So I can understand why some people may have initially chosen to support leave. When the referendum was first announced and it sounded like we might have an opportunity for honest open discourse and a chance to democratically share out views on the EU people of course embraced the discourse. So if you were one of those people AND (and I can not stress this enough) you voted by post or proxy early, no you are not a racist nor did you support racism.

However, for the vast majority of voters who voted on the day or later in the campaign then yes, you are a racist or you supported racism.

The Leave campaign adopted a strategy of arguing on a base of Immigration, Patriotism and Sovereignty very early on. It was not long before that was the main focus that was pasted across every front page, down the side of buses, on poorly identified propaganda through our doors and in every speech and statement the campaign made. This was about immigration. It was about ethnicity. It was about xenophobia. It was about pitting us against them. Yes there were other so called arguments thrown in to the mix, things like economic stability, deficits, and trade agreements. Things that were routinely and thoroughly put down and debunked repeatedly by experts in the field.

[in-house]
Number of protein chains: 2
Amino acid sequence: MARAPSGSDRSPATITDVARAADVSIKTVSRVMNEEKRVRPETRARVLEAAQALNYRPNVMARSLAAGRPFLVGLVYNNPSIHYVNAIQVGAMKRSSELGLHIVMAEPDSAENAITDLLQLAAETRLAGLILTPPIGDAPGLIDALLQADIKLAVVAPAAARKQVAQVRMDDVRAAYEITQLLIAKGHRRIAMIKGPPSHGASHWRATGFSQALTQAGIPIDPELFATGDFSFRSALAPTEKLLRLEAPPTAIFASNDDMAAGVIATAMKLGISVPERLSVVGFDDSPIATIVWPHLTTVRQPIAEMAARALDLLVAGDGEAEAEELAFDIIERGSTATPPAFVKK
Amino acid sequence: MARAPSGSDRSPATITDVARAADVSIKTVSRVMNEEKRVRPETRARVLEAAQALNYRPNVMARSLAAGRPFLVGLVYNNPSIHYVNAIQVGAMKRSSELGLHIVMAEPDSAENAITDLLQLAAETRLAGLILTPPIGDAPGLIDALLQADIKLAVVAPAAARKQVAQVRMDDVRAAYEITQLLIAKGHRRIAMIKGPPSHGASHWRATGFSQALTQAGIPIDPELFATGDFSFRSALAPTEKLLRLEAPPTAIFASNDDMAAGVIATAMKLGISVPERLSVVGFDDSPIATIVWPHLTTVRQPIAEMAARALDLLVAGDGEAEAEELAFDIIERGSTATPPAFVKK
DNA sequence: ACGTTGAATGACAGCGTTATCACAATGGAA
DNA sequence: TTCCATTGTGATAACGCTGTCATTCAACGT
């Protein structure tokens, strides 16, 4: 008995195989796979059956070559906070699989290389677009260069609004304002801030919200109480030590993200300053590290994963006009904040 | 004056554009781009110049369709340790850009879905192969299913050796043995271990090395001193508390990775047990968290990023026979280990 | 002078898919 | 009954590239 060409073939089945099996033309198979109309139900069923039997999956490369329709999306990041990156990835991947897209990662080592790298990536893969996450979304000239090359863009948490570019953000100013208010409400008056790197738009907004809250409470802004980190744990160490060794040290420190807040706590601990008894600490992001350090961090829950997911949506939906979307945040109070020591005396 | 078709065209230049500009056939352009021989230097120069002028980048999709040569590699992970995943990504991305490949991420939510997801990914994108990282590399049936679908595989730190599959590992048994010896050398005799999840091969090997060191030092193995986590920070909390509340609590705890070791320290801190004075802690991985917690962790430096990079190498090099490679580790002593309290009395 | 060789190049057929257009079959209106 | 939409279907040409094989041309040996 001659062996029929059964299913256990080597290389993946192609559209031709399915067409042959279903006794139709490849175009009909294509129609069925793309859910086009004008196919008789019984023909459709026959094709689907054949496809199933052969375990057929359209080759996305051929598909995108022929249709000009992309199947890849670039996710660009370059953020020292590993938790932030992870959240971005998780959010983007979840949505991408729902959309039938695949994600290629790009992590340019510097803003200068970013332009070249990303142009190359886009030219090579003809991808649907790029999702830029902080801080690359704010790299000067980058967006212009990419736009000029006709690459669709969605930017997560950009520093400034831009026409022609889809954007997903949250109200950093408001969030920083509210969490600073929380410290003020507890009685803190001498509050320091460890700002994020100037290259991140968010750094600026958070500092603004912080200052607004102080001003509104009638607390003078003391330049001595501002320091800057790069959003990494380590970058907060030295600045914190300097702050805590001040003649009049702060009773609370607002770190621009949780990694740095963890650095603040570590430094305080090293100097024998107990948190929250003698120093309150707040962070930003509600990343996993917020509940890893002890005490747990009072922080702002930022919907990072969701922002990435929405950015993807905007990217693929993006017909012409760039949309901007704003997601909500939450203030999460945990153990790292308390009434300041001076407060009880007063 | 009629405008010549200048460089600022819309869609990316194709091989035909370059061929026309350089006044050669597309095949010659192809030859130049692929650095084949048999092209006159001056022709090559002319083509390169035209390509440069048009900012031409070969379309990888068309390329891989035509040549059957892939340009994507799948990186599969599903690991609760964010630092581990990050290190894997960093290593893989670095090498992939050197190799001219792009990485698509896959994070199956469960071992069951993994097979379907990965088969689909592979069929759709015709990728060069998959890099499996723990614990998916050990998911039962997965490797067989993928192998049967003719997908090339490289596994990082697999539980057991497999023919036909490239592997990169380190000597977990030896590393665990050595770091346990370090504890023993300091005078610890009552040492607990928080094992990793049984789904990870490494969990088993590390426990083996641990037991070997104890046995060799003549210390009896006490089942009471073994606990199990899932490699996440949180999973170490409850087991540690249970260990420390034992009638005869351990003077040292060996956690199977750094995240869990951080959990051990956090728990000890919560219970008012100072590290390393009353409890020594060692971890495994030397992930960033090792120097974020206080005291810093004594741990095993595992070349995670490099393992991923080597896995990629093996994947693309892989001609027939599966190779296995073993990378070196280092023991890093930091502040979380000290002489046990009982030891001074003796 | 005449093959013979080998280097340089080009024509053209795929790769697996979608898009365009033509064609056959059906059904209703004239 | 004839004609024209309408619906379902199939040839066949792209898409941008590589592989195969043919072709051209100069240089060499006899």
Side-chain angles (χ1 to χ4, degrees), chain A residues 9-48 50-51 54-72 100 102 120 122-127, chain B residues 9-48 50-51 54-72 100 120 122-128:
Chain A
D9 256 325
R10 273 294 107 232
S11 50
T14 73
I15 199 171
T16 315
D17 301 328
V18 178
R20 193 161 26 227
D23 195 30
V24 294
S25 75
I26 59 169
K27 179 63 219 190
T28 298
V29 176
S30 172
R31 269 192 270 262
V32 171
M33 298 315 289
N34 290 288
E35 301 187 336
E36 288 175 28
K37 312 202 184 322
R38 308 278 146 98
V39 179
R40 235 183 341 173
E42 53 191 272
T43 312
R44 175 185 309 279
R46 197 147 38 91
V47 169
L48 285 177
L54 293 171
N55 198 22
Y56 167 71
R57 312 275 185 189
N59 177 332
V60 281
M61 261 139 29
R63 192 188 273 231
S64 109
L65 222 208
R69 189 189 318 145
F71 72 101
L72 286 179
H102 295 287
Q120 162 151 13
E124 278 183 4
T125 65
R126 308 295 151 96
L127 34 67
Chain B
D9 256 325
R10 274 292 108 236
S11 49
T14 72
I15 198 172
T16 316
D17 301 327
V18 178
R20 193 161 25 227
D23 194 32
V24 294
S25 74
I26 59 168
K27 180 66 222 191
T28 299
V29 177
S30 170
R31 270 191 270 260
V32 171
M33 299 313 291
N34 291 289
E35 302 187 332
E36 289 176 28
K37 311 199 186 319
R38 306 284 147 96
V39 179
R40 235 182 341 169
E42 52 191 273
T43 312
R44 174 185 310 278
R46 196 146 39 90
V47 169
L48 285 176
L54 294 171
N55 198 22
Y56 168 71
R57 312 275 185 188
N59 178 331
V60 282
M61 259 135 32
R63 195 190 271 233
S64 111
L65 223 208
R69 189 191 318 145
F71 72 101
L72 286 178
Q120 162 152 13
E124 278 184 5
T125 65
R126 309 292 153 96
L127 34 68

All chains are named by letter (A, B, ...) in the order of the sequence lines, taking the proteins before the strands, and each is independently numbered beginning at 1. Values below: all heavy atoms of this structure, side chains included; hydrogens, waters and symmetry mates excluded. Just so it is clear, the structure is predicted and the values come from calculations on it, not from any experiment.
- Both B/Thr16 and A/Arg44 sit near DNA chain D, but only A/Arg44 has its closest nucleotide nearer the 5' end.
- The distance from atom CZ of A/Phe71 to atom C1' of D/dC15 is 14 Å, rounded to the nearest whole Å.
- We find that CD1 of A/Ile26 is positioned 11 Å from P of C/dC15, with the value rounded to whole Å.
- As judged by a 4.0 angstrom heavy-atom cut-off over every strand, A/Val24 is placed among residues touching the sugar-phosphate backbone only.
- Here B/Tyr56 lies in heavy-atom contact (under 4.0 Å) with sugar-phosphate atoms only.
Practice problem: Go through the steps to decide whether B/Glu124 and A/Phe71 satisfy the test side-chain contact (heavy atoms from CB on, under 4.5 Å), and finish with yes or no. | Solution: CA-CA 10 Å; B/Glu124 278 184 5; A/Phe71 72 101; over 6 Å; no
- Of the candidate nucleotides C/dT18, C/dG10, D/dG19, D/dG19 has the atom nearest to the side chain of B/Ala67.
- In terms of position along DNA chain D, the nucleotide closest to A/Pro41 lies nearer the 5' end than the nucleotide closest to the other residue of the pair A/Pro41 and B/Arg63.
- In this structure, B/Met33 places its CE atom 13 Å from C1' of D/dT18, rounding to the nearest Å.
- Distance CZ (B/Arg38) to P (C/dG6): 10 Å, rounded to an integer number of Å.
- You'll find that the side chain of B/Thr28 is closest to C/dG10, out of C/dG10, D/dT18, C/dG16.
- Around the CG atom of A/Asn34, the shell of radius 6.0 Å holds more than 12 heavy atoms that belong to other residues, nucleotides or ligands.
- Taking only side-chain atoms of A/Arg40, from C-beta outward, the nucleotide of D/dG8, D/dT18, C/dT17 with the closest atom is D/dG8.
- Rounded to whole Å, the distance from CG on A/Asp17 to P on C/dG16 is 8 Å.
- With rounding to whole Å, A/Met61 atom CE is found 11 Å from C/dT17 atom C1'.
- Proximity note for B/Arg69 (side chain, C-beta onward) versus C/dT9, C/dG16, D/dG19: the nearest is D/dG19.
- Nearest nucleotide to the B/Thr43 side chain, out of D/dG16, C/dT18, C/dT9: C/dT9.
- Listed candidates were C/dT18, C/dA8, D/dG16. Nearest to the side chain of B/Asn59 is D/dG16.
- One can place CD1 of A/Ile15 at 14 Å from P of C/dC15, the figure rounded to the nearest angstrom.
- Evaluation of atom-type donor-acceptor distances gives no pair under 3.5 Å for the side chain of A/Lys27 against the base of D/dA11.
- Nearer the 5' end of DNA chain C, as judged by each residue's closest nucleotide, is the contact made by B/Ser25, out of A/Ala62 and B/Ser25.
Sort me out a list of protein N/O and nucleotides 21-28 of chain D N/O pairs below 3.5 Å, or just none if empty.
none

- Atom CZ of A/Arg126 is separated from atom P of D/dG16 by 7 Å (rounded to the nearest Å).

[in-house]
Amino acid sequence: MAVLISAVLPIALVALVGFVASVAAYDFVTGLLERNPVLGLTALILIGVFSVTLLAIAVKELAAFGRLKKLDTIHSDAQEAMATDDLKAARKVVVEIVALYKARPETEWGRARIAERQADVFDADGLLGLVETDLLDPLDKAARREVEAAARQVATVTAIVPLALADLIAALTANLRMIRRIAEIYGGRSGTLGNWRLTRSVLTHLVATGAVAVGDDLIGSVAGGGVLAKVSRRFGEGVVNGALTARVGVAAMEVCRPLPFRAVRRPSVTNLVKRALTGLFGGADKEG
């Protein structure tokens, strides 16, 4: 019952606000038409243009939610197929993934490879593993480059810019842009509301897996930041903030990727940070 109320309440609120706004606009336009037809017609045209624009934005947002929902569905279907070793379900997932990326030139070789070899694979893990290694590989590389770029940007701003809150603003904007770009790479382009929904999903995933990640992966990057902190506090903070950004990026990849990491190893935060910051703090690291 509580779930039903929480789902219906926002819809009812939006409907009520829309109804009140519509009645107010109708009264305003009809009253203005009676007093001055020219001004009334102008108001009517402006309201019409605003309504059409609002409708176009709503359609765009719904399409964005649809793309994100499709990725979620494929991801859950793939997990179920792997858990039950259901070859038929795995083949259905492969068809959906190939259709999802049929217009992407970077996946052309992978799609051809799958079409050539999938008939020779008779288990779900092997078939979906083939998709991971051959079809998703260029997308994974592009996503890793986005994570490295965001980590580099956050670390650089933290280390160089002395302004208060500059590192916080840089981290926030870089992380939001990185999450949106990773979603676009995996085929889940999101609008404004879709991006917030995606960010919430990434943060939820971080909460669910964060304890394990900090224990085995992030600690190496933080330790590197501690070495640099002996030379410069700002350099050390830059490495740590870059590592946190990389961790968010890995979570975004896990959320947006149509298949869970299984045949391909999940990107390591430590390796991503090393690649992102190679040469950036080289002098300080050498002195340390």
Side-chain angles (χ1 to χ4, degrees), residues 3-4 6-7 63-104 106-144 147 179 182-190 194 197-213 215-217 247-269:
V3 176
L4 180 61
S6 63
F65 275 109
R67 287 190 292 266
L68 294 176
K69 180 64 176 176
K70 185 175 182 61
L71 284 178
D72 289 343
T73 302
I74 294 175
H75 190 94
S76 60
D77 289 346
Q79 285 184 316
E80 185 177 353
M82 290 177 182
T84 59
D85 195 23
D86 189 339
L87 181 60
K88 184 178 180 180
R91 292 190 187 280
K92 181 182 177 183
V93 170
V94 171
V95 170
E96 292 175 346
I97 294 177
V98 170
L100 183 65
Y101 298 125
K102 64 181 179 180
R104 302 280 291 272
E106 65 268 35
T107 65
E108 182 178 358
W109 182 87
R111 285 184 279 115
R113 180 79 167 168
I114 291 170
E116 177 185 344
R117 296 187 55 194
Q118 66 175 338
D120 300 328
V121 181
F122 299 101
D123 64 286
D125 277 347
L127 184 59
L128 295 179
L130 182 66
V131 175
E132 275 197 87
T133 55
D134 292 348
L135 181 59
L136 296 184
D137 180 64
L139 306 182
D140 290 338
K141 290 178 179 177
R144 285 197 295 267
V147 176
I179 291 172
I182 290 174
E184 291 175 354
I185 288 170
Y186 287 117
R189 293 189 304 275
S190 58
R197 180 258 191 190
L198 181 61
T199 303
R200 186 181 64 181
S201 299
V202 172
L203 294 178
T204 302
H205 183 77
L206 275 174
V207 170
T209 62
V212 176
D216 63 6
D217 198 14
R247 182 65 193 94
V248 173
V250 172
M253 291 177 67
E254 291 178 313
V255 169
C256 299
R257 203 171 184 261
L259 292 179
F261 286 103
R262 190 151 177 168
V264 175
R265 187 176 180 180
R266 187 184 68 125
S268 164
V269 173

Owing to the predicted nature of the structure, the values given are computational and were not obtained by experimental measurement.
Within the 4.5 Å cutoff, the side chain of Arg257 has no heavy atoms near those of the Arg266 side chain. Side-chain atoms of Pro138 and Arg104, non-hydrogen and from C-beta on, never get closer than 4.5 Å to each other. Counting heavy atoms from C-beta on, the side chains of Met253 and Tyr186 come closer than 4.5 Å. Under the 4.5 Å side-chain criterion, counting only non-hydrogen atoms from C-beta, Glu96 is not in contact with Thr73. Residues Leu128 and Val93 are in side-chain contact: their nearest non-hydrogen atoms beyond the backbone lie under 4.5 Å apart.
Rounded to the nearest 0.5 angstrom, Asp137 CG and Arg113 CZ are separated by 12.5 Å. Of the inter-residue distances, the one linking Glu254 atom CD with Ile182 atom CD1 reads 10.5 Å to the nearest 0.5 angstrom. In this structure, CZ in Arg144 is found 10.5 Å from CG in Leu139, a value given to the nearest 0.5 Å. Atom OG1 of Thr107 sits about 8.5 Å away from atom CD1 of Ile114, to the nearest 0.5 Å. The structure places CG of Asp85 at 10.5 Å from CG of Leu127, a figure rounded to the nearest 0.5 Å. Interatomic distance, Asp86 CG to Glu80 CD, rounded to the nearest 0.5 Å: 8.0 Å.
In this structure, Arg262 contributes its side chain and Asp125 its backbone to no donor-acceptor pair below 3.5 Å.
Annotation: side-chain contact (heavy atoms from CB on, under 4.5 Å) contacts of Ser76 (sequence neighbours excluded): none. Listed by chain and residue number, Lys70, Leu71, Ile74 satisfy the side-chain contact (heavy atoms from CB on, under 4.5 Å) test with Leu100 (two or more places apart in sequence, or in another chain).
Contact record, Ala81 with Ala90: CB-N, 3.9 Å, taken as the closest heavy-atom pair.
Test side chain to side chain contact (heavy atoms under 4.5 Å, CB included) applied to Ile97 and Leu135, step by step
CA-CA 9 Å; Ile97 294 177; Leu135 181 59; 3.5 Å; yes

If you chose to ignore the expert reports, the concerns and warning raised by economists, business tycoons and world leaders and still felt that Leave had a valid economic case that you supported, you could in no way ignore the cacophony of racism coming from their camp. There was literally no way to avoid it. There was no way to deny that racism and xenophobia were a core part of the campaign.
There was no way to ignore a rising wave of so called nationalism and fear mongering about "them".
You knew it was there.

Let me pause to give you a brief analogy.
If you buy and read the Daily Mail and say "I only get it for the sports.", you are still supporting them. Your money goes in to their account, your purchase or online view goes in to their statistics. You give them money each day to conintue operating and you give them your support to say "the widest read paper" or "our readership has increased by...". Notice how they don't break it down in to "The widest read newspaper except for them who only get it for the sport.". No, sports only or full paper, you are one of their readership, you have given them legitimacy.